As you might expect, the official language in Thailand is… Thai! It is the language spoken by the vast majority of Thai citizens and is the language used by the government and bureaucracy. This means that the alphabet is different to the one used in western countries, having been evolved from the original Khmer script. It is important to take a phrase book with you when visiting Thailand, as many people in the country do not speak English – and why should they?
To give you a bit of help, we’ve found a site that lists a great selection of different words and phrases you’ll need to help with your language in Thailand. You can find it right here. Of course, getting a book is much better though, as it’ll have more information and can be accessed anywhere, even when you don’t have the luxury of Wi-Fi!
Thai isn’t the only language in Thailand though, as some regions of the country have their own languages. In the south of the country, many people speak the Southern Thai language, while Northern Thai is spoken in places that used to be a part of the kingdom of Lannathai (around from the 13th to 18th centuries). Resources on how to speak these languages are scarcer, however they can be found online.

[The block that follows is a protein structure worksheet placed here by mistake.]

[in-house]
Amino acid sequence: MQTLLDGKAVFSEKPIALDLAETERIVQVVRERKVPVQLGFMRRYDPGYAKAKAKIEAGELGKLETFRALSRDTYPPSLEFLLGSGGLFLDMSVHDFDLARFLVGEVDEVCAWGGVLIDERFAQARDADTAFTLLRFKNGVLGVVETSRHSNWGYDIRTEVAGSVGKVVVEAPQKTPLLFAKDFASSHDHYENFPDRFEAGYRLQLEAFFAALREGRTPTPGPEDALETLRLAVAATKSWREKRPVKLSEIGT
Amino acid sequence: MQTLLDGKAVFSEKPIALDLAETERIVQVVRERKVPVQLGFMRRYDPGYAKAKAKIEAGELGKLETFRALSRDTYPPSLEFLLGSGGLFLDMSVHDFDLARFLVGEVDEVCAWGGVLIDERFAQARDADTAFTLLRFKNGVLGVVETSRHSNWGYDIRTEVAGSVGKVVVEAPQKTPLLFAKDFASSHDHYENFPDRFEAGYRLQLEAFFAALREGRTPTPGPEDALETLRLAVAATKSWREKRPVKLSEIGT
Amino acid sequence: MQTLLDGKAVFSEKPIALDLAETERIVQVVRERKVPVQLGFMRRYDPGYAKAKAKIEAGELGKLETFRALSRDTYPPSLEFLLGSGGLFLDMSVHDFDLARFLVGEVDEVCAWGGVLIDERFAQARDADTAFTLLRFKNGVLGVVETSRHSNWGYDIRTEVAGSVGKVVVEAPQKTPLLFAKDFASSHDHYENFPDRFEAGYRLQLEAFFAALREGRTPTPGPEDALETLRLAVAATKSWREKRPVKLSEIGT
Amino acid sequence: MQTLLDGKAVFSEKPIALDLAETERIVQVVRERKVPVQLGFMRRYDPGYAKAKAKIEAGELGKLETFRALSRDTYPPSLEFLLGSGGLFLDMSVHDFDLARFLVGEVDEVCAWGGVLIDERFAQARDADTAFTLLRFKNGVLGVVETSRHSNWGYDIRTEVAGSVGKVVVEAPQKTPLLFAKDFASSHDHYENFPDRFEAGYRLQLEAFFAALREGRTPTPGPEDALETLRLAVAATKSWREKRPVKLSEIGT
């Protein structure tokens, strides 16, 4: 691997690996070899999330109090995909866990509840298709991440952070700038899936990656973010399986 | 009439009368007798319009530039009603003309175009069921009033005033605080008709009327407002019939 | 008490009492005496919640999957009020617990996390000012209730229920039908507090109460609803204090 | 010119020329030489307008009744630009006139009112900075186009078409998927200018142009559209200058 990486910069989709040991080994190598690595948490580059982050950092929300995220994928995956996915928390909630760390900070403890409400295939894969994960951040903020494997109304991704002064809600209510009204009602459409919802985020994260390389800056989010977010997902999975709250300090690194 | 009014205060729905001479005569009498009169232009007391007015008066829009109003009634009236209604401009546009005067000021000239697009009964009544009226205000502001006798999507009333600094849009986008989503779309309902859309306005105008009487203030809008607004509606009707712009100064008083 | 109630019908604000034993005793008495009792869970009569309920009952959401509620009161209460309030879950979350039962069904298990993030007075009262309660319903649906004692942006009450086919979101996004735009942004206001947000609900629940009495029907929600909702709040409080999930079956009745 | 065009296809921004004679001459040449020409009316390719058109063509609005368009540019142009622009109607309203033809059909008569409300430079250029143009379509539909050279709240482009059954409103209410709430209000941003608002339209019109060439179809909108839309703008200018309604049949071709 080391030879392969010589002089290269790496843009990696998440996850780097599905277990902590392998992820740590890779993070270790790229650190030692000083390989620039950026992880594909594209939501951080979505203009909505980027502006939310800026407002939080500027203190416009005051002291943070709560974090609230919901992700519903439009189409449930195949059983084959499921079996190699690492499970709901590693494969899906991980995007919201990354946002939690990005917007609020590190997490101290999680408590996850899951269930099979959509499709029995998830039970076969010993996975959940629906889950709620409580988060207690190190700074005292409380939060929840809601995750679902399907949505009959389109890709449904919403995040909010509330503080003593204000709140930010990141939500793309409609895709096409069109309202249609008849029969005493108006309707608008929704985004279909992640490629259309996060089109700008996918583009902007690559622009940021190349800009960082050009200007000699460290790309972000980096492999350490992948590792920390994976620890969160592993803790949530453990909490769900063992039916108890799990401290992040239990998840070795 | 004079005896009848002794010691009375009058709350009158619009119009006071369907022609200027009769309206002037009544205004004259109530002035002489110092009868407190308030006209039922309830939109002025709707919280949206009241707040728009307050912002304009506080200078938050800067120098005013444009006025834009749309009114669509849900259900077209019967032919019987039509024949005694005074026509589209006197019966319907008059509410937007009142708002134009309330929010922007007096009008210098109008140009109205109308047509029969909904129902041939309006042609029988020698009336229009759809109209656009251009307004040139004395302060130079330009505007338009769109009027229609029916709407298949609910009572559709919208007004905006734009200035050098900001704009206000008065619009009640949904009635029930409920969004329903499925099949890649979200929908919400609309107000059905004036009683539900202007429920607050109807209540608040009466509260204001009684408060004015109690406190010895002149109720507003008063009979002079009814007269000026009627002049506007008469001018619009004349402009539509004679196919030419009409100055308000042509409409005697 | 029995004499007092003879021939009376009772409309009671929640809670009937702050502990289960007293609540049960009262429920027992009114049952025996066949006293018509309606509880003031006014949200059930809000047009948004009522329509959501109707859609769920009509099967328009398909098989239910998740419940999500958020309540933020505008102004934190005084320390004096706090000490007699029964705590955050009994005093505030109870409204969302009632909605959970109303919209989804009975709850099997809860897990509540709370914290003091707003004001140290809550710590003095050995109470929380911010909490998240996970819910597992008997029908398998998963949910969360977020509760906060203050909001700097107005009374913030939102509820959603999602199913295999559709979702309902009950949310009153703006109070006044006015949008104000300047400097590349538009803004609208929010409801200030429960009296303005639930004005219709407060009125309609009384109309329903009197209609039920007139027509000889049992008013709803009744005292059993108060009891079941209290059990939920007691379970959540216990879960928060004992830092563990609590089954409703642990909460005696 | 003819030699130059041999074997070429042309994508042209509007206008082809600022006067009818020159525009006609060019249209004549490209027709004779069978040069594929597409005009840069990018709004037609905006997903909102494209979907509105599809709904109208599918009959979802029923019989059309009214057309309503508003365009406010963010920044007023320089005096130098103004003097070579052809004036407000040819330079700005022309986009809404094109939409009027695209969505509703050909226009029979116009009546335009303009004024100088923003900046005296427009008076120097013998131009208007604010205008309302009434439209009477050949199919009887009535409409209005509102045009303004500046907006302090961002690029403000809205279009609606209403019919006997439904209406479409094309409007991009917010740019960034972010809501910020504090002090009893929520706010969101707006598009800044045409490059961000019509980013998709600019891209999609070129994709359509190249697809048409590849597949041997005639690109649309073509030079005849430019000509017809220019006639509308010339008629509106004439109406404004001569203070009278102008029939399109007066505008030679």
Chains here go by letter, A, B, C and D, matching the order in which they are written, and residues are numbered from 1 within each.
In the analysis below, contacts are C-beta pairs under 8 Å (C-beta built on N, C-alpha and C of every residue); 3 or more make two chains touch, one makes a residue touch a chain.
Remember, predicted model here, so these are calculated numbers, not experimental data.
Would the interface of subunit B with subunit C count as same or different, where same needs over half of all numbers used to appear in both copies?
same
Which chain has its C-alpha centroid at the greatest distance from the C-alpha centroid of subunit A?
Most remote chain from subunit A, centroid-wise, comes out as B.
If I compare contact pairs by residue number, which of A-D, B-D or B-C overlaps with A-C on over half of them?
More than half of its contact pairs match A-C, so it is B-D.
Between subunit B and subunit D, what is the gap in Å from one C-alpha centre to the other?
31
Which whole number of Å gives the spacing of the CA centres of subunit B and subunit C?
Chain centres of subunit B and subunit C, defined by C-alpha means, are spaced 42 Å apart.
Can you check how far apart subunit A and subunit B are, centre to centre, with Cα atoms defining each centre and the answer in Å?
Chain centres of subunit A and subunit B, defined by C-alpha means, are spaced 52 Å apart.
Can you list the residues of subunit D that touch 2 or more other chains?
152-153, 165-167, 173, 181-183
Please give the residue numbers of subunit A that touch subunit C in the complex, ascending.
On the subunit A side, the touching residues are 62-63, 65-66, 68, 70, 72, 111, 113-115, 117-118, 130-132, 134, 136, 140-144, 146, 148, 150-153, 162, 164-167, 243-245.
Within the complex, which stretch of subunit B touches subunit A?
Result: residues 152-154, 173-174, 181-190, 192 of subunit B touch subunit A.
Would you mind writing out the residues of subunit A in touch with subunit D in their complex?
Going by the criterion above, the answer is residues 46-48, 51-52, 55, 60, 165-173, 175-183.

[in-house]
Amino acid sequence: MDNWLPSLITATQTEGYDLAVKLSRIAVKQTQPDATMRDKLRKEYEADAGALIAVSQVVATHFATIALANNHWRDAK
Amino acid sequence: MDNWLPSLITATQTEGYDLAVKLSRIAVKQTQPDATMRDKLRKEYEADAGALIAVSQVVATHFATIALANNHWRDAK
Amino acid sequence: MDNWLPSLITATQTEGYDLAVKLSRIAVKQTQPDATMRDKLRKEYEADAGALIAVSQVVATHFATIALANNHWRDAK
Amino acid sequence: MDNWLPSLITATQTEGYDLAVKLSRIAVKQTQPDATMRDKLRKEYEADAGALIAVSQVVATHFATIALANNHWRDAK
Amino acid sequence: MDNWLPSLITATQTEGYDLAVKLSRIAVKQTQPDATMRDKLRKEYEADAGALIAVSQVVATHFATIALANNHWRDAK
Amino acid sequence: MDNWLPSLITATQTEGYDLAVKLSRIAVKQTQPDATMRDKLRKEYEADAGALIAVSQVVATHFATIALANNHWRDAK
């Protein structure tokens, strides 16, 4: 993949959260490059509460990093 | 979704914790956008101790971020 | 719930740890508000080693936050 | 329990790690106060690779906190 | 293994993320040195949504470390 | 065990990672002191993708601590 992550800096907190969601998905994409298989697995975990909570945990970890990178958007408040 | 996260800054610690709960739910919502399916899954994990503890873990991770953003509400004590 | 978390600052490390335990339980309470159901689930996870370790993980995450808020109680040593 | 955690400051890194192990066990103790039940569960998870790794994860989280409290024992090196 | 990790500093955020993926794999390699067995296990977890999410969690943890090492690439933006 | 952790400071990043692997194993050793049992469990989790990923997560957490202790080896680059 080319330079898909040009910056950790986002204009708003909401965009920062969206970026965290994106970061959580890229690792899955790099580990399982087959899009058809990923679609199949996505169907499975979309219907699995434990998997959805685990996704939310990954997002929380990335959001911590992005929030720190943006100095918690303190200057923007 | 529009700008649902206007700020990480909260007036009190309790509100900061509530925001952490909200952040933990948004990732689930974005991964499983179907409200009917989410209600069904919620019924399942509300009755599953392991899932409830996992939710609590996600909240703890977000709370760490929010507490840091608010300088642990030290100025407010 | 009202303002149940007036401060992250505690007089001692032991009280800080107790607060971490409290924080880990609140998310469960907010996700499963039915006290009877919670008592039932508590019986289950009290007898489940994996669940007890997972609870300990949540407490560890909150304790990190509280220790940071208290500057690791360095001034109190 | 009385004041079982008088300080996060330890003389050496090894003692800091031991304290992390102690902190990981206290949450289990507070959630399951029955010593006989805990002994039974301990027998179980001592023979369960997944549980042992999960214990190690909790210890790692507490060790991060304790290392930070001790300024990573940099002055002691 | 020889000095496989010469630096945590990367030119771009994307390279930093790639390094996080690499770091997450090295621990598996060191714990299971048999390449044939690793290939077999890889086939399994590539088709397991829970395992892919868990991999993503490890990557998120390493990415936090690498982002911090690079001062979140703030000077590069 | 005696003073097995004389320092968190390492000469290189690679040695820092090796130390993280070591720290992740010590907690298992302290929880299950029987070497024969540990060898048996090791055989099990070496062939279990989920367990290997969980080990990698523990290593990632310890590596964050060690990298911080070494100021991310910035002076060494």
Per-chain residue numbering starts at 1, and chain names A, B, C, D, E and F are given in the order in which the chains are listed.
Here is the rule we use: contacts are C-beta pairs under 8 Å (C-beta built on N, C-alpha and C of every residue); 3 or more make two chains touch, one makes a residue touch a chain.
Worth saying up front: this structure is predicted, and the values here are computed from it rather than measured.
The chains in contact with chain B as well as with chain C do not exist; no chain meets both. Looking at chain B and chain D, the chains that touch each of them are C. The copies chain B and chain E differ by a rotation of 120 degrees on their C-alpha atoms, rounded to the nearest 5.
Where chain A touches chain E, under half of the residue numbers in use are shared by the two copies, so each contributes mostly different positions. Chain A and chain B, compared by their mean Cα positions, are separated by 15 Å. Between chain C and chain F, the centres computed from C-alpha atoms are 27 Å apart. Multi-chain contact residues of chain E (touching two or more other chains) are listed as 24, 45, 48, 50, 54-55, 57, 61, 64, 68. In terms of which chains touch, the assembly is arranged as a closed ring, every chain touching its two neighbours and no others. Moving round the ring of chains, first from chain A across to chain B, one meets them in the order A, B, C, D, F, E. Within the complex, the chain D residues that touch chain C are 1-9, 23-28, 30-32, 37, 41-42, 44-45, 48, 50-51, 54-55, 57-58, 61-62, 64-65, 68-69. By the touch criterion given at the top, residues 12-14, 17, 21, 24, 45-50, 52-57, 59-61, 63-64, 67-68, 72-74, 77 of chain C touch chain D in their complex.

Aside from Thai, Southern Thai and Northern Thai, the country is also home to a number of smaller tribal languages, spoken in small pockets throughout the country. These include Mlabri, Orang Asli and Karen. These are only found in very rural areas though, so the chances of a standard traveller encountering them are low (although braver travellers should definitely try to get to the more remote areas of the country).
English is taught in all schools in Thailand, however the number of people speaking it is still very low. What might help you though is the fact that all road signs are in both Thai and English, and it is spoken quite a lot in larger cities, such as Bangkok and Chiang Mai. Please don’t expect someone to speak English though – after all, you’re in their country, so you should be trying to communicate in their language. If you really can’t communicate, hand gestures can usually get you what you need.